EXAMPLE : this
class Demo
{
integer x;
task new (integer x)
{
this.x = x;
}
}

program main {
Demo D;
D = new(10);
printf(" D.x is %d \n",D.x);
}
RESULTS

D.x is 10




The x is now both a property of the class and an argument to the task new(). In the task new(), an unqualified reference to x will be resolved by looking at the innermost scope, in this case the subroutine argument declaration. To access the instance property,we qualify it with this to refer to the current instance.



Class Extensions :



Subclasses and Inheritance :
OpenVera's OOP implementation provides the capability of inheriting from a base class and extending its capabilities within a
subclass. This concept is called inheritance. When one inherits from a class into another, the original class definition is not changed, however the new subclass contains all the properties and methods of the base class and then can optionally add additional properties and methods.



EXAMPLE : Inheritance
class A {
task disp_a (){
printf(" This is class A ");
}
}

class EA extends A {
task disp_ea (){
printf(" This is Extended class A ");
}
}

program main {
EA my_ea;
my_ea = new();

my_ea.disp_a();
my_ea.disp_ea();
}
RESULTS

This is class A
This is Extended class A


Polymorphism :



Polymorphism allows the redefining of methods for derived classes while enforcing a common interface.To achieve polymorphism the 'virtual' identifier must be used when defining the base class and method(s) within that class. A virtual class is a class which serves as a template for the construction of derived classes. One cannot create an instance of a virtual class.



EXAMPLE : Polymorphism
class A {
virtual task disp (){
printf(" This is class A ");
}
}

class EA extends A {
task disp (){
printf(" This is Extended class A ");
}
}

program main {
EA my_ea;
A my_a;
my_ea = new();
my_a = my_ea;
my_ea.disp();
my_a.disp();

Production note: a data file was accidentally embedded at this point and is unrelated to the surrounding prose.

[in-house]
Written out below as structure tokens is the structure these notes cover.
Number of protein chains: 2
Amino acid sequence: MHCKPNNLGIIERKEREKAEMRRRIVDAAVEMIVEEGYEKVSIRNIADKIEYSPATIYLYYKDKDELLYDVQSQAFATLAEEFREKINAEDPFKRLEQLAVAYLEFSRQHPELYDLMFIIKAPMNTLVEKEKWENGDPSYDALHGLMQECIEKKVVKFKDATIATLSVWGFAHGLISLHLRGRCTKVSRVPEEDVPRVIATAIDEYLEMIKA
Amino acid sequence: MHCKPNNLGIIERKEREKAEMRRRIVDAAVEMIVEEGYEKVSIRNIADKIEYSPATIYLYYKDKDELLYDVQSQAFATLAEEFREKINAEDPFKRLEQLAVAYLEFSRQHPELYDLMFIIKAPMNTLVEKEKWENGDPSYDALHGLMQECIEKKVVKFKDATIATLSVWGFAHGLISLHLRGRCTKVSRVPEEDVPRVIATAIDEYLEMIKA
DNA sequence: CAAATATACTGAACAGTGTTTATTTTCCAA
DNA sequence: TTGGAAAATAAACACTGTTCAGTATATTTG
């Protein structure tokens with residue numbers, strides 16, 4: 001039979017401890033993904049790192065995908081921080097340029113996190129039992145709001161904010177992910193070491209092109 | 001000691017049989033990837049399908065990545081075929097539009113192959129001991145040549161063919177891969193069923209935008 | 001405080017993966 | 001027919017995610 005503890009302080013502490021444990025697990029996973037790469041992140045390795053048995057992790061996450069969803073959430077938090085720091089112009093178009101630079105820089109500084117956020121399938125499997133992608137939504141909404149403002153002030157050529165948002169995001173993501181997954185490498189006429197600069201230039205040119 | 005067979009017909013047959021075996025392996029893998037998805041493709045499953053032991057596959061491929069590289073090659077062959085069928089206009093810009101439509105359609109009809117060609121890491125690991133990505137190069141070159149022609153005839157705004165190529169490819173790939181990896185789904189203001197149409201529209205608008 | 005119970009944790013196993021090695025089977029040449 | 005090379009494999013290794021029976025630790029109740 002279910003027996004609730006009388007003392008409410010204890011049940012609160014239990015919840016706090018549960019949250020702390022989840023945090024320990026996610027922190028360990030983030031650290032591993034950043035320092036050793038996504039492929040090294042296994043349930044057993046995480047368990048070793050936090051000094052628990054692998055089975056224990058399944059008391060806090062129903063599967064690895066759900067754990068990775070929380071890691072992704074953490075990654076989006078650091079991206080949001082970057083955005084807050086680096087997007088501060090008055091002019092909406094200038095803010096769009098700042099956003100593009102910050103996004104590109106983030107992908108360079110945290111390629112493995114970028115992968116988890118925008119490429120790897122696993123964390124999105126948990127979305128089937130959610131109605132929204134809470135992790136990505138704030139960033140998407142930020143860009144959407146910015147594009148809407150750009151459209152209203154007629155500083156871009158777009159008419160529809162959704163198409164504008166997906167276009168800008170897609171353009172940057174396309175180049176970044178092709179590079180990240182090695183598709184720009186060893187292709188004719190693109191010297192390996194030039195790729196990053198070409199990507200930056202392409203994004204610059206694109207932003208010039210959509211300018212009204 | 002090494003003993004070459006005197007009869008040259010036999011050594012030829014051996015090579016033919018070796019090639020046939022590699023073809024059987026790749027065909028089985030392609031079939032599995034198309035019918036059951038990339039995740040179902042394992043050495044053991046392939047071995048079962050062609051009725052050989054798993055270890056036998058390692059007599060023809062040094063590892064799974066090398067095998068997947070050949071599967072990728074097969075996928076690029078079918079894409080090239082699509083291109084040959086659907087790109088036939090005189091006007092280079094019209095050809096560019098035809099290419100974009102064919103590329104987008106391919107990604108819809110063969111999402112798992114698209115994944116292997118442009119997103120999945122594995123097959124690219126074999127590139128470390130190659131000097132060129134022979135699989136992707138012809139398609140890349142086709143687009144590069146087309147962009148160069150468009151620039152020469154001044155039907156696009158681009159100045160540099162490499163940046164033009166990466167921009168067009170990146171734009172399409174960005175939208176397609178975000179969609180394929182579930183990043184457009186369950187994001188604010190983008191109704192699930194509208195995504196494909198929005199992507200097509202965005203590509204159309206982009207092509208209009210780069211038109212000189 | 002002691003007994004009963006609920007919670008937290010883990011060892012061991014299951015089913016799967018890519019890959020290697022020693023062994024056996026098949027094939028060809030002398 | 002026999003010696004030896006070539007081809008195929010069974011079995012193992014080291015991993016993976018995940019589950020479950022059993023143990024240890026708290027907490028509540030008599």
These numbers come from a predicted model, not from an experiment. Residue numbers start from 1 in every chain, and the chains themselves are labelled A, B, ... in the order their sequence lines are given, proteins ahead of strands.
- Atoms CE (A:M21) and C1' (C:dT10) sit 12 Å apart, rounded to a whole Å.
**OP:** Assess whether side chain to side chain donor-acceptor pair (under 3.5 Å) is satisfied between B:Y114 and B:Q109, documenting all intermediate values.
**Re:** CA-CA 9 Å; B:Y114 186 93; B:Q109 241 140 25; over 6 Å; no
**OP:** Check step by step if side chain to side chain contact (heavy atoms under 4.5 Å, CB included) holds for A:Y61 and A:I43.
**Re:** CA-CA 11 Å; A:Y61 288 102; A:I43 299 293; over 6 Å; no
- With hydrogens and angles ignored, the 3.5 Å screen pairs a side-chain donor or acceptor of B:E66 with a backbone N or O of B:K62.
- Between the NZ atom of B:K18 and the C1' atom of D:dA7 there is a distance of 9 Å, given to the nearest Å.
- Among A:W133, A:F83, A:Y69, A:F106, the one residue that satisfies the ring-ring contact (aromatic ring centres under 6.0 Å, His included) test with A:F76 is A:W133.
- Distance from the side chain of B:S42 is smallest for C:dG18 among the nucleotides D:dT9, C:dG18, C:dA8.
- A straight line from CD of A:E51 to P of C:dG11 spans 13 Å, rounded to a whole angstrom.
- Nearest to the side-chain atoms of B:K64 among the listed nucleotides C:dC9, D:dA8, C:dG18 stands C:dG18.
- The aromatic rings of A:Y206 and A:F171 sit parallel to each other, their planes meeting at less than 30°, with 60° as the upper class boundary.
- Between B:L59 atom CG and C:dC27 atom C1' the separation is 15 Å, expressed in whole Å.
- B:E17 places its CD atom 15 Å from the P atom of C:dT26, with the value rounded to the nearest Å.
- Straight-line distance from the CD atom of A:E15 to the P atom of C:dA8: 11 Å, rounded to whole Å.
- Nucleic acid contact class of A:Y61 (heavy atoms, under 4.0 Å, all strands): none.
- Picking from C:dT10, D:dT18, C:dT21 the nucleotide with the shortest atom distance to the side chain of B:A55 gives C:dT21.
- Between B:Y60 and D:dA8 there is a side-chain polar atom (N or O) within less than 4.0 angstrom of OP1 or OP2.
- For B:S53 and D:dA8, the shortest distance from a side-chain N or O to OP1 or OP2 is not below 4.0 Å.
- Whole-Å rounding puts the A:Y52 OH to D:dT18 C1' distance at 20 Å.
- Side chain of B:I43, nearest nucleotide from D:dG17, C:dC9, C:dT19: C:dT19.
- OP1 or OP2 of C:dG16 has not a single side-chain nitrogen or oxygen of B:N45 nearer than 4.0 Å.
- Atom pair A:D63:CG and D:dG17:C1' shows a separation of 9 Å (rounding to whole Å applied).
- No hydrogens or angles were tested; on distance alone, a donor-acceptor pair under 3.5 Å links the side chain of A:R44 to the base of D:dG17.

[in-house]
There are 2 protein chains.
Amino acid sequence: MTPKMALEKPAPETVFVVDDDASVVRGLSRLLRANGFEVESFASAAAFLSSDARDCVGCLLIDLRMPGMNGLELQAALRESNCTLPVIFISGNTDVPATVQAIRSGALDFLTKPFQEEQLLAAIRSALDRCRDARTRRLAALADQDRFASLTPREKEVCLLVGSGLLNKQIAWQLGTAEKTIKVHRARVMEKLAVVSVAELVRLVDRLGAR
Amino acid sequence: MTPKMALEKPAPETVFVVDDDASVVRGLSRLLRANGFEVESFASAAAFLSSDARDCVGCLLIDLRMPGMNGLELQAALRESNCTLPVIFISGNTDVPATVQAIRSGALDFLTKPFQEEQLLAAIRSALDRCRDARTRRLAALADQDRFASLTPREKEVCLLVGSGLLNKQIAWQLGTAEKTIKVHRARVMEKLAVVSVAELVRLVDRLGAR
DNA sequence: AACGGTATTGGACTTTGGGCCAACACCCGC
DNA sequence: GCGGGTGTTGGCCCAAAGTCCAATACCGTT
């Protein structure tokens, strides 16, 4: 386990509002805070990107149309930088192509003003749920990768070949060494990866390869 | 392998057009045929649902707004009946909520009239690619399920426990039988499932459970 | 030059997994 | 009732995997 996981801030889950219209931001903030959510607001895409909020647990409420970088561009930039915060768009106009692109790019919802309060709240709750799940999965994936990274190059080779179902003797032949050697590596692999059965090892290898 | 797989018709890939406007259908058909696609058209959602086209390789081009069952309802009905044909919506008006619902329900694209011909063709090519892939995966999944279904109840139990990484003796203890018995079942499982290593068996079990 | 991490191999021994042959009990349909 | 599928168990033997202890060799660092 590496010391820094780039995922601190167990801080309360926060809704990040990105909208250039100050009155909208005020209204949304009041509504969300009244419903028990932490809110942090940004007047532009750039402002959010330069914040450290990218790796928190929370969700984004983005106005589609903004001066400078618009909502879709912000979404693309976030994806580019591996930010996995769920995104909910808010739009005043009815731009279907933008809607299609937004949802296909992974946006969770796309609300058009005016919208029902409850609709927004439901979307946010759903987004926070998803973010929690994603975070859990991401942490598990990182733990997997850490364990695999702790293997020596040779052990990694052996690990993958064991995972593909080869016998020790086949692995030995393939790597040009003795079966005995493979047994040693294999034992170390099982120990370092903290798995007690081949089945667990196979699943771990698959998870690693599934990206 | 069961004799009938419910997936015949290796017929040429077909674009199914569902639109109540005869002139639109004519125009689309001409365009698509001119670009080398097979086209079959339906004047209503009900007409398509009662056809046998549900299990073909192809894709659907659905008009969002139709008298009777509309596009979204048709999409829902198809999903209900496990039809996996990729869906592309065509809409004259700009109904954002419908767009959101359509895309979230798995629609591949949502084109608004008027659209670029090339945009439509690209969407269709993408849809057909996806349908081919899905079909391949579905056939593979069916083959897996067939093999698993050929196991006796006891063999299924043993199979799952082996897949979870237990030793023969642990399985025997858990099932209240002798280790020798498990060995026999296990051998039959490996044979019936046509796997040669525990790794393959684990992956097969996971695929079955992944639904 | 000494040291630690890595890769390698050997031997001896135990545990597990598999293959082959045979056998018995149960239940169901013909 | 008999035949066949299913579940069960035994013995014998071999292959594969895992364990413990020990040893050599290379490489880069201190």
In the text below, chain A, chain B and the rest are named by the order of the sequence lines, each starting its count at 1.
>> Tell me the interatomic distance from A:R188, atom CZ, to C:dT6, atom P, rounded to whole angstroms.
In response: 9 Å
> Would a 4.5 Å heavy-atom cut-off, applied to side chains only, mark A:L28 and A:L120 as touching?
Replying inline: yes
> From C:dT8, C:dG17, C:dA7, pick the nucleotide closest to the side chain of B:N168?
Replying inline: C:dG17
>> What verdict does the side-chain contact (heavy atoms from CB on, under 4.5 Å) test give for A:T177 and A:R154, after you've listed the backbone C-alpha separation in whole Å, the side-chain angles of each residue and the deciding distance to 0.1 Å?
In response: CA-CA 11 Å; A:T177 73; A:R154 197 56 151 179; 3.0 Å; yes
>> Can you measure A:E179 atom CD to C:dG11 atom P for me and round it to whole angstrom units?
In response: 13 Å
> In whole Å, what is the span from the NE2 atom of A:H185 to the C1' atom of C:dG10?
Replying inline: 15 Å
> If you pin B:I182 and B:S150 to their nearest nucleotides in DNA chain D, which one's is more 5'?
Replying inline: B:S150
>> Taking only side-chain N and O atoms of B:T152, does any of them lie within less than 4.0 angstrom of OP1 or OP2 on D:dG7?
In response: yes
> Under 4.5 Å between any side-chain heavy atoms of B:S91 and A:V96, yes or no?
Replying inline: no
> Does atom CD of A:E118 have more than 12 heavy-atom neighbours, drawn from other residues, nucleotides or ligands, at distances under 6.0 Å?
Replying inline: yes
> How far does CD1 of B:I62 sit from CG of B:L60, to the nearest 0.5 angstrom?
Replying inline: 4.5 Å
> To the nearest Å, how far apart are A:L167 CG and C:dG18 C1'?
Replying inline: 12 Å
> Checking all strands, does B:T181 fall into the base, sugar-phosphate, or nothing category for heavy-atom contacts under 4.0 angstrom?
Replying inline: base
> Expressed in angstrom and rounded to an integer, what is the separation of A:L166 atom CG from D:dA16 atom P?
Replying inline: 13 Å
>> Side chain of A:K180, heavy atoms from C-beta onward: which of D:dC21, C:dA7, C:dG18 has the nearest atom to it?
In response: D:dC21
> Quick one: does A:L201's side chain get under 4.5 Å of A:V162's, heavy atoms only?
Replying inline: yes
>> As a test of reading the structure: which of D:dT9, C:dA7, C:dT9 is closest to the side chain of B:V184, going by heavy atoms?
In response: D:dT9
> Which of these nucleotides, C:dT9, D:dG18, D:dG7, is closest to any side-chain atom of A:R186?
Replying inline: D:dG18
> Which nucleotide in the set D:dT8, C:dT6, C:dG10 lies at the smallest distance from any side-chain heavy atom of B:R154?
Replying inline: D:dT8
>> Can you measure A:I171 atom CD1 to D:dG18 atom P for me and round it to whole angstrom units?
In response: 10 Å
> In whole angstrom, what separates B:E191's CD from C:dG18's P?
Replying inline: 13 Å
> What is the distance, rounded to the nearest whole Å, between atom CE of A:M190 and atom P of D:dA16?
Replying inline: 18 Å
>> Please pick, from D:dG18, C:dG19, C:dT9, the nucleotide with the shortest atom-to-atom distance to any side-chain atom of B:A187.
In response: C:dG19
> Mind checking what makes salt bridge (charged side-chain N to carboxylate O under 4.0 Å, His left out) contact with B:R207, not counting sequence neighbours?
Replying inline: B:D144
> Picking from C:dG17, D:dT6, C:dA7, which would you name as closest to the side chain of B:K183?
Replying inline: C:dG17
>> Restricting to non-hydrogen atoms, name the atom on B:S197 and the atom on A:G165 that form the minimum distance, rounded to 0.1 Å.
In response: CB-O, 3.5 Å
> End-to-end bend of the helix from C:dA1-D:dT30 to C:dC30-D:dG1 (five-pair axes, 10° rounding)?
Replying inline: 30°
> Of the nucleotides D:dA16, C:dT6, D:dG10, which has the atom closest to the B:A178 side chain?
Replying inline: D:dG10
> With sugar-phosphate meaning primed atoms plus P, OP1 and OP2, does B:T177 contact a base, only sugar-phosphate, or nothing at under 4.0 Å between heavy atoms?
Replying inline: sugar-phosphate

}

RESULTS

This is Extended class A
This is Extended class A


Super:



The super keyword is used from within a derived class to refer to properties of the parent class. It is necessary to use super when the property of the derived class has been overridden, and cannot be accessed directly.


EXAMPLE :
class A {
virtual task disp (){
printf(" This is class A \n");
}
}

class EA extends A {
task disp (){
super.disp();
printf(" This is Extended class A \n");
}
}

program main {
EA my_ea;
my_ea = new();
my_ea.disp();
}

RESULTS

This is class A
This is Extended class A


Abstract Class:



A set of classes can be created that can be viewed as all being derived from a common base class.If base class is not supposed to be used to creat an object,then it has to be declared as abstract class using keyword virtual.


EXAMPLE:
virtual class BasePacket{
function integer send(bit[31:0] data){
}
}
class EtherPacket extends BasePacket{
function integer send(bit[31:0] data){
// body of the function
...
}
}
Index
Introduction
Data Types
Linked List
Operators Part 1
Operators Part 2
Operators Part 3
Operator Precedence
Control Statements
Procedures And Methods
Interprocess
Fork Join
Shadow Variables
Fork Join Control
Wait Var
Event Sync
Event Trigger
Semaphore
Regions
Mailbox
Timeouts
Oop
Casting
Randomization
Randomization Methods
Constraint Block
Constraint Expression
Variable Ordaring
Aop
Predefined Methods
String Methods
Queue Methods
Dut Communication
Functional Coverage